This is to prevent 'Tapjacking'.
It works in a surprisingly simple way – you download an application and open it, which triggers the installation of a second, this time malicious, application. Then, when you press a button on the seemingly innocent application, you are actually clicking a button on the malicious application that is hidden within it. So, as its name suggests, the trap is in the tap.
So, imagine this scenario. You have downloaded an application and on the main screen there is a button that says “Start Game”. You click it to begin but, unbeknownst to you, this has triggered the downloading of the dangerous malware. On the next screen you continue clicking away, oblivious to the dangers, and without realizing you have accepted the terms and conditions of the dangerous malware that has hidden itself on your cellphone.
So when Android detects an app is appearing as an overlay it prevents the user from granting permissions or clicking on install when sideloading an app (and possibly more scenarios).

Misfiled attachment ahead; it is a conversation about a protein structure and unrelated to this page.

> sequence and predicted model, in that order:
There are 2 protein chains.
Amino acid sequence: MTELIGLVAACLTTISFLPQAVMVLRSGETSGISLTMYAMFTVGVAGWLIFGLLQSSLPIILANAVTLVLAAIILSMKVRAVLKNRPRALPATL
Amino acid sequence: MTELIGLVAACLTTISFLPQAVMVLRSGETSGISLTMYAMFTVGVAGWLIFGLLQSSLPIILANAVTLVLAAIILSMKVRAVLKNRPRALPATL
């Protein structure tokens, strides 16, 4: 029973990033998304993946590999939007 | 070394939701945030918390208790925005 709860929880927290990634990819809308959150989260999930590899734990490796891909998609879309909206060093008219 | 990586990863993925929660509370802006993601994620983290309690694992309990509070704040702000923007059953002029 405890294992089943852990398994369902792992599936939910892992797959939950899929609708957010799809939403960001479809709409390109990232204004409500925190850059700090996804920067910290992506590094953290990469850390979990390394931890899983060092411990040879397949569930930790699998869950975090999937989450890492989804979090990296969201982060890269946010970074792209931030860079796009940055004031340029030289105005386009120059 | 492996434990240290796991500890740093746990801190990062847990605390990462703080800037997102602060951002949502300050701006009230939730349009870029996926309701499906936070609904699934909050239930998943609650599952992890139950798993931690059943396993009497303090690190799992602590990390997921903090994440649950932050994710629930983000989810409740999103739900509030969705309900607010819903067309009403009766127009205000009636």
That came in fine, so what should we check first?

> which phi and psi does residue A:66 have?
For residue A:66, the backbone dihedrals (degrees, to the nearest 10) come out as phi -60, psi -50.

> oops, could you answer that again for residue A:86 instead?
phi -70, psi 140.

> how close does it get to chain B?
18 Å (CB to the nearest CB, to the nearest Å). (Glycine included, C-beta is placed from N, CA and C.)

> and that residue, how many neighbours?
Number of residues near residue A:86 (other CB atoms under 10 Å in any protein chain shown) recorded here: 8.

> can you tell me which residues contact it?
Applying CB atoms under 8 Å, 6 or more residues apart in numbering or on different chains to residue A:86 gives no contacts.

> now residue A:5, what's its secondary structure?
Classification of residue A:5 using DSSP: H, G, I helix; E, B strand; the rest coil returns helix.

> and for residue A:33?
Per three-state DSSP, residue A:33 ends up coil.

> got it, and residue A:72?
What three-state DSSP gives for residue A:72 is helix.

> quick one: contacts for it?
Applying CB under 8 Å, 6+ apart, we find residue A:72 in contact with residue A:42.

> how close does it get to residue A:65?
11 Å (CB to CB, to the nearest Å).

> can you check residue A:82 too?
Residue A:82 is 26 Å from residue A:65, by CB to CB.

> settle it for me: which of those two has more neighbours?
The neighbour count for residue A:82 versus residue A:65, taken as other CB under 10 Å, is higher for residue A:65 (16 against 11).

An app developer can opt into this behaviour if the user is doing something that needs to be secure:
Sometimes it is essential that an application be able to verify that an action is being performed with the full knowledge and consent of the user, such as granting a permission request, making a purchase or clicking on an advertisement. Unfortunately, a malicious application could try to spoof the user into performing these actions, unaware, by concealing the intended purpose of the view. As a remedy, the framework offers a touch filtering mechanism that can be used to improve the security of views that provide access to sensitive functionality.